Viktoria Modesta is a British model, singer/songwriter and amputee who played the role of the ice queen in the closing ceremony of the London Paralympic Games. David Donaldson talked to her about disability, her career and the Paralympics.
Right Now: I read that you’re from Daugavpils, Latvia, and that medical negligence when you were young led to chronic problems with your leg, resulting in voluntary lower-leg amputation in 2007. Could you tell us some more about your background?
Viktoria Modesta: I was born in Latvia while it was still part of the USSR. I had an accident at birth through doctor’s negligence, resulting in my leg having damaged nerves and restricted growth. This set off a whole series of reconstructive surgeries from the ages of 6 to 12. In that period while treating some of the issues (for example, three lengthening operations) various other problems would arise – leading to more surgery, totalling 13 operations in 6 years. As this was all happening in a post-USSR country, there was no legal system in place and everybody involved and responsible for my situation walked free. They probably damaged the heath of many other children. That’s just the nature of many cases in Eastern Europe at that time.
After moving to the UK with my parents in 1999 in search of a better life, medical care and a more open-minded society, I spent 3 years mostly ignoring my health situation. At that point I had hardly attended school and had no chance of having a lasting social life, due to spending all of my time in and out of hospital. I was desperate to get on with finding myself and adjusting to the new possibilities.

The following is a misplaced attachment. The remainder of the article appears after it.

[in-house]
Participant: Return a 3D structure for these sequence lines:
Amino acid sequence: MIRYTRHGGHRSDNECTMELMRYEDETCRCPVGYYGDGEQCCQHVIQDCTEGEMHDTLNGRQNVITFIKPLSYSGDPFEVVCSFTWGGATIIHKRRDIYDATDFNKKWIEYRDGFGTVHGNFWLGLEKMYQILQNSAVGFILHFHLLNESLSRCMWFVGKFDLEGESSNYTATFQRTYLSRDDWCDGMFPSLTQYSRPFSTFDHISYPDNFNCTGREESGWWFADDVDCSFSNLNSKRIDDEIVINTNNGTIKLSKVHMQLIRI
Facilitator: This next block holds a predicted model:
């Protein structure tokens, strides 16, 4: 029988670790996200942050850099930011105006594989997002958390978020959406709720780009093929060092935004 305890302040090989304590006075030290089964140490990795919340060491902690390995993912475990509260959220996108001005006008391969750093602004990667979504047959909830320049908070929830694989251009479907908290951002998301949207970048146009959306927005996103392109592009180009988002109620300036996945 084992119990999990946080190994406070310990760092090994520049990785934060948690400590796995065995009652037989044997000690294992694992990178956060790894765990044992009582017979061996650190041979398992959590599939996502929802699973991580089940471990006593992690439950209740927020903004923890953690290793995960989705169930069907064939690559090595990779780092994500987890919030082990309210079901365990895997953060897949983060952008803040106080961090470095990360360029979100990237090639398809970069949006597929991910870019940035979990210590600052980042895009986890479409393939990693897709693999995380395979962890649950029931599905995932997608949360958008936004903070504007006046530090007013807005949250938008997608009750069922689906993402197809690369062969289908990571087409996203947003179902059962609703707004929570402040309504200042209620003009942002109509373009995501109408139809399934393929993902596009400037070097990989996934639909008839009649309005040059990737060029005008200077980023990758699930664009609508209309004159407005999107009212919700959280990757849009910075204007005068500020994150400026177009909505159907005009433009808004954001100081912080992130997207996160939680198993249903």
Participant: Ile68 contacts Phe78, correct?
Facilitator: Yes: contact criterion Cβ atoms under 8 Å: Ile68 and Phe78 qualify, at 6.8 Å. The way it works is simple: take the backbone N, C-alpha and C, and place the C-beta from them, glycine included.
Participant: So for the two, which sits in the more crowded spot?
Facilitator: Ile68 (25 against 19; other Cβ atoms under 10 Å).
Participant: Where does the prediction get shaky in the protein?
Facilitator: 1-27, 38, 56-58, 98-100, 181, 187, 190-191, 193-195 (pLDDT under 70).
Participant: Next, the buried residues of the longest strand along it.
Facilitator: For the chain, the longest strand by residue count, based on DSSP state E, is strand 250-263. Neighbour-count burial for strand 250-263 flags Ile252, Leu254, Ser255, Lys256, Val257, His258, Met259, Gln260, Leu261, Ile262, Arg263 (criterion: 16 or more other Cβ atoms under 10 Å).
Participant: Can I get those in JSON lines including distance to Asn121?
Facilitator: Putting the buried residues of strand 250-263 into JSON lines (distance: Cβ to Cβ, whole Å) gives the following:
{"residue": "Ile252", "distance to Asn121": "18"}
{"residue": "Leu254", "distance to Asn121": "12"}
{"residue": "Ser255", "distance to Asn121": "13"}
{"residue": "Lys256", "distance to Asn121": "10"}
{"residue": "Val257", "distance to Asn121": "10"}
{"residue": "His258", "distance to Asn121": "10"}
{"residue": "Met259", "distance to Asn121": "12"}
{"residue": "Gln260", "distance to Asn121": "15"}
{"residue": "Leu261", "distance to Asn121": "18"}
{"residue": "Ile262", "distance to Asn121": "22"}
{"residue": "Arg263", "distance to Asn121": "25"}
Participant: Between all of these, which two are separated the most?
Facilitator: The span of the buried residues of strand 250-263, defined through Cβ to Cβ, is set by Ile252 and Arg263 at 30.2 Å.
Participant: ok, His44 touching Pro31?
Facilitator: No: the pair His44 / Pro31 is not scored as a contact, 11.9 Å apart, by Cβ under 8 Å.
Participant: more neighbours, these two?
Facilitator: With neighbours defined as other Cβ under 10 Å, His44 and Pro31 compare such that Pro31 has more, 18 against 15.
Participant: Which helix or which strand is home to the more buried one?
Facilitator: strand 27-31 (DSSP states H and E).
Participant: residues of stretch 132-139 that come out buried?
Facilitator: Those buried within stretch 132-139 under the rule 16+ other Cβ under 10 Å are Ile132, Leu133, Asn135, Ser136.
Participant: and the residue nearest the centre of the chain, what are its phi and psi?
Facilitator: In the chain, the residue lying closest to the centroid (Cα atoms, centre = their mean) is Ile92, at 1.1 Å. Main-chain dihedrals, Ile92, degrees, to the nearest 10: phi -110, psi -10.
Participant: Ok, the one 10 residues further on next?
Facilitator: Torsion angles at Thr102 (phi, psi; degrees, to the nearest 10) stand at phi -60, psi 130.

At the age of 15 it all came to a head with the realisation that in order to live the life I wanted and to realise all my aspirations, I had to spend some time fixing my body. I decided that a life of reconstructive surgeries with many risks and no guarantees was not something I was prepared to go through, and it was time for me to take back control of my body, future and health. Five years later, after numerous appointments with doctors, I had finally convinced them with the support of my own research that [partial amputation] was the only option for me. It’s fair to say I have never regretted it or looked back since.
Right Now: How did you get into modelling and singing?
VM: I managed to catch a few years of drama school back in Latvia, which initially got me into singing and piano. During my early teens while experimenting with fashion I was a very confident person despite the uncertainty of my health, and started getting a lot of attention from photographers, video directors and promoters. I started modelling for alternative lifestyle brands and clubs from the age of 15, mostly because of my face and style. However I certainly held back a lot, as I didn’t want to disappoint people – most of them didn’t suspect I had an issue with my leg. Following a few years doing that, I returned to having an interest in casually pursuing music, which at that point was mostly singing lessons on the side. It wasn’t until I was 21 that I started working with music producers and writers and got into it on a more serious level.
Right Now: What has your experience been with the community’s perceptions about people with different bodies? Do you see yourself as disabled?